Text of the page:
I got to try out the prototype hardware at TechCrunch Disrupt, and while the design is close to being done, the current device is still rough around the edges. The starting point is a pair of Aftershokz bone-conduction headphones with a camera module attached to the right hand side. The module contains two FHD mobile cameras roughly a centimeter apart which kinda/sorta hangs off the side of your head.
The headset is connected via a microUSB cable to a black plastic box the size of about half a paperback book. Nestled inside is NVIDIA's Tegra K1 chip and a battery capacious enough to sustain the device for a full day of use. Unlike other visual aids we've seen, Horus is designed to all of its processing locally, so you're not left at the mercy of your wireless connection when out and about.
Horus is currently designed to read pieces of text, identify objects or recognize the faces of the people that you're speaking to. You need to select which option you're going to use with three menu buttons on the box (each one a different shape, for ease of use) and then select. If you want to have a book read out to you, select the option and then move the tome up towards the glasses. Audio cues will move from left to right to guide you into the right position for the camera to automatically trigger.
After a short pause, as the system crunches the data, it'll begin reading out what you've just snapped in a synthetic voice. It's not perfect by any stretch, but it's certainly smart enough to be able to let you read any book, magazine or newspaper as long as the font is legible. The system will also recognize objects and faces, although both will need to be trained before it'll reliable enough to launch. In our demo, we were able to get it to read out a new magazine article and it could differentiate between Diet Pepsi and its full-fat equivalent.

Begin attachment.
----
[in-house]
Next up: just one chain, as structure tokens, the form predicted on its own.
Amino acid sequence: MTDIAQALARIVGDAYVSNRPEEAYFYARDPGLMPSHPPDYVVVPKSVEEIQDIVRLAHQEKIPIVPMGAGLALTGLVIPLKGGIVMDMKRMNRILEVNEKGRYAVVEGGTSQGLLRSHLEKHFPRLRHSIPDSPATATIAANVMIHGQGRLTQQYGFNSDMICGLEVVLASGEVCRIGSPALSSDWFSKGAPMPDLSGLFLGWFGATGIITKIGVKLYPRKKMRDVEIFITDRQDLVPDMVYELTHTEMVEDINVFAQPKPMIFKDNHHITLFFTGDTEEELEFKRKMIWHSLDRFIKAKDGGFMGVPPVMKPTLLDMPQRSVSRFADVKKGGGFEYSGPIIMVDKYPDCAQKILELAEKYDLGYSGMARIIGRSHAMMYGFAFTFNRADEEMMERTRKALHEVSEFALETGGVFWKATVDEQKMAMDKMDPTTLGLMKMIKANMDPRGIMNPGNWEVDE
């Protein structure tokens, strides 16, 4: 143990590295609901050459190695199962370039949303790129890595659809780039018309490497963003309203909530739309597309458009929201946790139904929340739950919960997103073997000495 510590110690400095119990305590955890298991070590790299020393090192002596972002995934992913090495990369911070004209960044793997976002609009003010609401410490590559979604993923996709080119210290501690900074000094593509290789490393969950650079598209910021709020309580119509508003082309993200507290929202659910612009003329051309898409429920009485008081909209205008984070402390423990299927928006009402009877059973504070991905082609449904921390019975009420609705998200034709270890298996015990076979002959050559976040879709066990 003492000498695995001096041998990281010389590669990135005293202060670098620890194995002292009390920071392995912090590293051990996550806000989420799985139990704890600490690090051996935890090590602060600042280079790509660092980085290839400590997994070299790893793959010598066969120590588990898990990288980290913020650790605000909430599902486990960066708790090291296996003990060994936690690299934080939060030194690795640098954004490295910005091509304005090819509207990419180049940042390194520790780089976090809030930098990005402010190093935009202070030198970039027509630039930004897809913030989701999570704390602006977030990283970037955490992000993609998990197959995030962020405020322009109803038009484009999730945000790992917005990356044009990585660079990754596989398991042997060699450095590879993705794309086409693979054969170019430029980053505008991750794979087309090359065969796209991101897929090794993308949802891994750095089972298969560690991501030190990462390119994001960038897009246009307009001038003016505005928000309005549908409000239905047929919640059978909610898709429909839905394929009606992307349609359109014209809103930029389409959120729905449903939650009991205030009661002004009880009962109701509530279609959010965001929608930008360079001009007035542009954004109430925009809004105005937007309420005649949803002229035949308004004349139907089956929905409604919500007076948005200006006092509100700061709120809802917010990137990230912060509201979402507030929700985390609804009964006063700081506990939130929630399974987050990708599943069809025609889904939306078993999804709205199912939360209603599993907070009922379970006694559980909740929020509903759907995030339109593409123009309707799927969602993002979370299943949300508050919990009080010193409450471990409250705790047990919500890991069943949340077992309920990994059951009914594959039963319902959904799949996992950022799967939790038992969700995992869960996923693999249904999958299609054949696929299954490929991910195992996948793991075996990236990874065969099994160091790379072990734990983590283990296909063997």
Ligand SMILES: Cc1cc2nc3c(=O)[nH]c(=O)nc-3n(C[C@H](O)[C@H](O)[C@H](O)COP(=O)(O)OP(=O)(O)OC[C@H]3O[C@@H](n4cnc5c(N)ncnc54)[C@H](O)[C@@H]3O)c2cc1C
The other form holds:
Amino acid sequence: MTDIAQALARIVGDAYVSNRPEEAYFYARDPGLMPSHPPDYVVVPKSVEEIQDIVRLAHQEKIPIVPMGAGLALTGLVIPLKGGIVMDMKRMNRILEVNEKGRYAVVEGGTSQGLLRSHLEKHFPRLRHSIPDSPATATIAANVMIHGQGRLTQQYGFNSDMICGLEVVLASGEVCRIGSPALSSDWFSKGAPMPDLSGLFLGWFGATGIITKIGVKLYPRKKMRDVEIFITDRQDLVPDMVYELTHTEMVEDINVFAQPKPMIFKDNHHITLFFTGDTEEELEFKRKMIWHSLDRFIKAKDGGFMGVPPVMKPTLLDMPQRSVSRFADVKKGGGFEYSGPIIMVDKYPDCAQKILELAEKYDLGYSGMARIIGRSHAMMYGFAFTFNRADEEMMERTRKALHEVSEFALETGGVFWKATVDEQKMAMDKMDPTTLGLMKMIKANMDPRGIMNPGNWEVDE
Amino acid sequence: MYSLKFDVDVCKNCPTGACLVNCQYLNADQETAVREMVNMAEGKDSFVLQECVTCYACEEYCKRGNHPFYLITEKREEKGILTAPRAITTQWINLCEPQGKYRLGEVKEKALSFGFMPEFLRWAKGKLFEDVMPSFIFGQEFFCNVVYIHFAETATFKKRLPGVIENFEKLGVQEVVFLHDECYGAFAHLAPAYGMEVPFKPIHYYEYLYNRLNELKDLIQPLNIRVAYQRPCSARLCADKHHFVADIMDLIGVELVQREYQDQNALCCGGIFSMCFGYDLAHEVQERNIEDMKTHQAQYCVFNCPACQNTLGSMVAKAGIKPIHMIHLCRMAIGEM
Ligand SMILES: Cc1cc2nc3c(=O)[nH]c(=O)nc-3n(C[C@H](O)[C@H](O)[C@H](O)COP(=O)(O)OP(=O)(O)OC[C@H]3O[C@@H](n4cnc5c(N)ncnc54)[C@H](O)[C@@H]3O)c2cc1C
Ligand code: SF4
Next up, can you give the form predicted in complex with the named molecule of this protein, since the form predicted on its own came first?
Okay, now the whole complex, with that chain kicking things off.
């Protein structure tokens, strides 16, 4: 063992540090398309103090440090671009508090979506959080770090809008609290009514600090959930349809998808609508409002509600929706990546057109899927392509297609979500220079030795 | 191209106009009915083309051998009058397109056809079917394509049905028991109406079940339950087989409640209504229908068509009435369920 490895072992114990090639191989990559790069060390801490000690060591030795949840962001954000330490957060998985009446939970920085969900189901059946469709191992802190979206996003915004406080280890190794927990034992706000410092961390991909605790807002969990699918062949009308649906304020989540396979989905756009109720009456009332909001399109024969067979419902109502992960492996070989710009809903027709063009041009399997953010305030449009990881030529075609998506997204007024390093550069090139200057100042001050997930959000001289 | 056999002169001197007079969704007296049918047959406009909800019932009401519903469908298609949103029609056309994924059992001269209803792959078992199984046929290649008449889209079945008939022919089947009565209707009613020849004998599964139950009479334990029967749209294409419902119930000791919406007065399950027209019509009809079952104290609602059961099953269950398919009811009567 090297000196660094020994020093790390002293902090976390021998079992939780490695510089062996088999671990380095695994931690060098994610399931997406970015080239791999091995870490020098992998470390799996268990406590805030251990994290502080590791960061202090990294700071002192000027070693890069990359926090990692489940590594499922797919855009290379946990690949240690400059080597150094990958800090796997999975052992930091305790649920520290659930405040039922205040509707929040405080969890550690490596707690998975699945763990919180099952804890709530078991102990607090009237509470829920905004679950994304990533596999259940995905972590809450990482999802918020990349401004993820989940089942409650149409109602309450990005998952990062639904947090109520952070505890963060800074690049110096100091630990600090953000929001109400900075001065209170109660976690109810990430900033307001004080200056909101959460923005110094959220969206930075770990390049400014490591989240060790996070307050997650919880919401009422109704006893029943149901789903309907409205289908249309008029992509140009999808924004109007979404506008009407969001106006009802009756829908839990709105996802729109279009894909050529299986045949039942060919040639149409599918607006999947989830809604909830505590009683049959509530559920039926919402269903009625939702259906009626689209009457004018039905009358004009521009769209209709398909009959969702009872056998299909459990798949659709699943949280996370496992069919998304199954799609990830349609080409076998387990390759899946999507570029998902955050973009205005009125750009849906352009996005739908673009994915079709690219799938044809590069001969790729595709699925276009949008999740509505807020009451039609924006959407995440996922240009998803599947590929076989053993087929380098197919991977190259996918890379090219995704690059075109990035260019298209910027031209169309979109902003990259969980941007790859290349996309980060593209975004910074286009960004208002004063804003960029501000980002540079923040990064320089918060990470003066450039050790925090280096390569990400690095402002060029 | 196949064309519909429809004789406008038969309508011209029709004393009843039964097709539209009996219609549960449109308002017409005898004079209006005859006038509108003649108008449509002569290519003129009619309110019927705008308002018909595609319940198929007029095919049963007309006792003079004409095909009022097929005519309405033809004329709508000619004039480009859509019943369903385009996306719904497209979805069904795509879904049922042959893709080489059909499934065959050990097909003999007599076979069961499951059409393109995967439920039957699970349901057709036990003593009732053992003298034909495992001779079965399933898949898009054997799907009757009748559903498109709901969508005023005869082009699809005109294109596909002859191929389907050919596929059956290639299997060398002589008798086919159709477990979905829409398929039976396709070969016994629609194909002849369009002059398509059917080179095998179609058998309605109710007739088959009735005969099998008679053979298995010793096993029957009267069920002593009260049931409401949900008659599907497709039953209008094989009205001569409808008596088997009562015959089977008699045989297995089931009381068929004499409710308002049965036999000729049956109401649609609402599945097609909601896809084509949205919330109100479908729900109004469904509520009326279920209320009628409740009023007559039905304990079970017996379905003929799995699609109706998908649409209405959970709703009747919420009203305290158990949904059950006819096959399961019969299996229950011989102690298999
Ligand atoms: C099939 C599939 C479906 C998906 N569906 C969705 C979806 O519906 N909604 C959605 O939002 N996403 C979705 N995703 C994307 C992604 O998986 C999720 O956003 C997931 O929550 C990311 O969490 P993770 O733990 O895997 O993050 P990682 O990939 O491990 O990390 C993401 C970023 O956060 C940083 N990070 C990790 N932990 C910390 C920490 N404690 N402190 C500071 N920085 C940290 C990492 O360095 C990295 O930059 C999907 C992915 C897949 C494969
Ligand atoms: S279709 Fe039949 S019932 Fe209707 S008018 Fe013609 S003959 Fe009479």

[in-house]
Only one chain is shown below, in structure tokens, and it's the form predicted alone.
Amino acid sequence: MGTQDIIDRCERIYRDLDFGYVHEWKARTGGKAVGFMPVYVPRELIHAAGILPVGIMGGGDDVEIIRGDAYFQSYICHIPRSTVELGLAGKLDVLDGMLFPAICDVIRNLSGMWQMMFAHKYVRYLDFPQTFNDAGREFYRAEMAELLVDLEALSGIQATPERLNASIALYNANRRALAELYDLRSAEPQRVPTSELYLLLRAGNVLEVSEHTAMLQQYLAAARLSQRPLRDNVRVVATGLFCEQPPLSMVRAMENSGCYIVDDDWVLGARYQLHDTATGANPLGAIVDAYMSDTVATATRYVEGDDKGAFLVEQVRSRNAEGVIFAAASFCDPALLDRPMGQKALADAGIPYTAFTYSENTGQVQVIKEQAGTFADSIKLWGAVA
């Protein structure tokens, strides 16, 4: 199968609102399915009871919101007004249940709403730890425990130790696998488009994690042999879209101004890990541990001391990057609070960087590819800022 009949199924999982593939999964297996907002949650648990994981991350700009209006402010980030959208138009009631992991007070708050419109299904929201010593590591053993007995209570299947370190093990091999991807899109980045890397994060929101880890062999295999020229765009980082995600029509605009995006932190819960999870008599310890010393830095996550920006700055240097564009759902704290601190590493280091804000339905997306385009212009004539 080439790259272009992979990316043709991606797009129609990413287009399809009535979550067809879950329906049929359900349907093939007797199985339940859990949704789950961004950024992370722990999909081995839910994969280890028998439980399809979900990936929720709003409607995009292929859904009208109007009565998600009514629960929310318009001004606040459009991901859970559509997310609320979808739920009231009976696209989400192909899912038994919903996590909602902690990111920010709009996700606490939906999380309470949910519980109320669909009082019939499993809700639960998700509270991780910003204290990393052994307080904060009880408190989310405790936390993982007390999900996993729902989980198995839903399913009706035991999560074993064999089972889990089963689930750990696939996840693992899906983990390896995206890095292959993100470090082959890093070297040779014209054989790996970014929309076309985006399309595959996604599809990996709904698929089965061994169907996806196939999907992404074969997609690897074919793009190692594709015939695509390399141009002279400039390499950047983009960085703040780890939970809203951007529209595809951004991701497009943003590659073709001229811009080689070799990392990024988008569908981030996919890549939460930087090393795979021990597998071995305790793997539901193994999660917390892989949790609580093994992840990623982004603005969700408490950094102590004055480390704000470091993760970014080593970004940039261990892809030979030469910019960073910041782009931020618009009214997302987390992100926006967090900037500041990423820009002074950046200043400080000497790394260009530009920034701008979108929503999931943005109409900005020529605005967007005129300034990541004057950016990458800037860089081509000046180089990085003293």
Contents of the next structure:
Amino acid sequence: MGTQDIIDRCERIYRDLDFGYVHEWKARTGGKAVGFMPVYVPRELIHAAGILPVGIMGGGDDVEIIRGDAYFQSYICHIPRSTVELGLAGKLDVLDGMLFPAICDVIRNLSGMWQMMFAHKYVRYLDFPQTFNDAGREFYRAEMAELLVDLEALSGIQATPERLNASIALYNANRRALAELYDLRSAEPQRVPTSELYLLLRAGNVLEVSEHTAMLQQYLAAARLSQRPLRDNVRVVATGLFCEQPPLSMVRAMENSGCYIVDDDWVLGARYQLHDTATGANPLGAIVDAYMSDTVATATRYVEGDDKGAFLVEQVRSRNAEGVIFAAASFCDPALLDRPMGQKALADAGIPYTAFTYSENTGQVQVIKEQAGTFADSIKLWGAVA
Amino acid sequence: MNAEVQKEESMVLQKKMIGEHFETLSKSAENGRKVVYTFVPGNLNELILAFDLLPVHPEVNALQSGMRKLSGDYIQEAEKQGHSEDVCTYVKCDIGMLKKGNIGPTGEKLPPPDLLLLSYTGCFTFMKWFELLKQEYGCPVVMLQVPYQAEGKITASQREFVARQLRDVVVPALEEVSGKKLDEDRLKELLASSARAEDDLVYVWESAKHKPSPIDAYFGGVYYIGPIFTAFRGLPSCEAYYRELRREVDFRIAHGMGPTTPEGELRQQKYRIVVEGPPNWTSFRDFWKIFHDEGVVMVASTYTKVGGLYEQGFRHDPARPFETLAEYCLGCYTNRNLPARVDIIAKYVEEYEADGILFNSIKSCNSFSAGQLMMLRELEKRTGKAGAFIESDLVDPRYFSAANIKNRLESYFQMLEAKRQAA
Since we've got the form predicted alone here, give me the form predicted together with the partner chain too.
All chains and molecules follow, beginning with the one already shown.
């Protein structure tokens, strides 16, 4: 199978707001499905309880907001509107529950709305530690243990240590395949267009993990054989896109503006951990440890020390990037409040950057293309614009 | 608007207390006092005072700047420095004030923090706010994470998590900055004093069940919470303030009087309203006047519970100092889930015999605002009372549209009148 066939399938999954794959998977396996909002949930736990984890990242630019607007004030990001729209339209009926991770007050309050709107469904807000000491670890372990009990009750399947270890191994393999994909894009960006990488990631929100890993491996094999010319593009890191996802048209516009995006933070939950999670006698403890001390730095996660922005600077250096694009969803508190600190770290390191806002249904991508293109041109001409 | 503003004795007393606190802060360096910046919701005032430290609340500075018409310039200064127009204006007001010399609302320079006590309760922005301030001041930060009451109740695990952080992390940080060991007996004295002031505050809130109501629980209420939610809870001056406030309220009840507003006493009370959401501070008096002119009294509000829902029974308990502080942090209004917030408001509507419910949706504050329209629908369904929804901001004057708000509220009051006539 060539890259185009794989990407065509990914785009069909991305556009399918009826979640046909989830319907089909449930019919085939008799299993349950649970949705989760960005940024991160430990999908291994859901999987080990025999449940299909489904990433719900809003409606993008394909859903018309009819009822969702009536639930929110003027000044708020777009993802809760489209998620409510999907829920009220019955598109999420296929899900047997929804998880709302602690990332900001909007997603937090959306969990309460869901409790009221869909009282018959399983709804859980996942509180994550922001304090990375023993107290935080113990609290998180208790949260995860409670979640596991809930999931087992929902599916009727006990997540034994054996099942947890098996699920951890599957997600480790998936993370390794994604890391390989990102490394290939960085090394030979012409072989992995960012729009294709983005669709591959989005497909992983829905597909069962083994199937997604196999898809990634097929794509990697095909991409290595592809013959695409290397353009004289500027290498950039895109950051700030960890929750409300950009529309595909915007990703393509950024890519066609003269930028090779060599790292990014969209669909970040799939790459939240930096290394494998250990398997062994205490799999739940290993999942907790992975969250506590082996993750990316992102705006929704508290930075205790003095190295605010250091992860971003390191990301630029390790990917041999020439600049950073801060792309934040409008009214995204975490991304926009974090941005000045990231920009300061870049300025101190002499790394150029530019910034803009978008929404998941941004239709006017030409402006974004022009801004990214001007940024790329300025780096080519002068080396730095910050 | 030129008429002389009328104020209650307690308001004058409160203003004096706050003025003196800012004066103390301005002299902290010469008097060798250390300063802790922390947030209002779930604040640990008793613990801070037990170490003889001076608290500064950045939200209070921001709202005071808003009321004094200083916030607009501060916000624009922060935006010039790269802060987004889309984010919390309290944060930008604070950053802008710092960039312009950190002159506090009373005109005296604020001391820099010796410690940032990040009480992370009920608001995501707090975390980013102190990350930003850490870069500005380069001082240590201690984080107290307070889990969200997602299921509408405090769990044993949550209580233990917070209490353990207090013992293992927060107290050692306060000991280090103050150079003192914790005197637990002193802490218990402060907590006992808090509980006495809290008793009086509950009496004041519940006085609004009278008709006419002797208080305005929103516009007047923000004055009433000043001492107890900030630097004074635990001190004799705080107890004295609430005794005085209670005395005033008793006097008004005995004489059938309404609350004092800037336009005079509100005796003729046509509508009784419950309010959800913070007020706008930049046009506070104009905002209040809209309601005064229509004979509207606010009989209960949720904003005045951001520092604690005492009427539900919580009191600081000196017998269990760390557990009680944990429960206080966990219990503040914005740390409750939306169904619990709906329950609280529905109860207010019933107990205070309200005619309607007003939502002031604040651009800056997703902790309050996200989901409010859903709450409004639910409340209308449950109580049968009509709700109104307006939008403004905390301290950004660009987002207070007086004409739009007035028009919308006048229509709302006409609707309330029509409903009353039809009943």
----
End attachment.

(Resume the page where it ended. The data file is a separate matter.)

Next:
The startup was created by a pair of students from the University of Genoa who were looking to develop a computer vision system. While their research was centered around enabling robots to navigate, they found the technology had other applications. In the subsequent two years, they've been working on producing a portable version of the gear, and think that they're getting close to completion. In the future, the device is also expected to offer up scene description that'll offer users a greater ability to "see."
Should the pair secure the necessary funding, Horus will be released at some point in the near future, although it'll be pretty pricey. The creators feel like the device will retail for something between €1,500 and €2,000 Euro, although if it can deliver on its promise, it may be money well spent.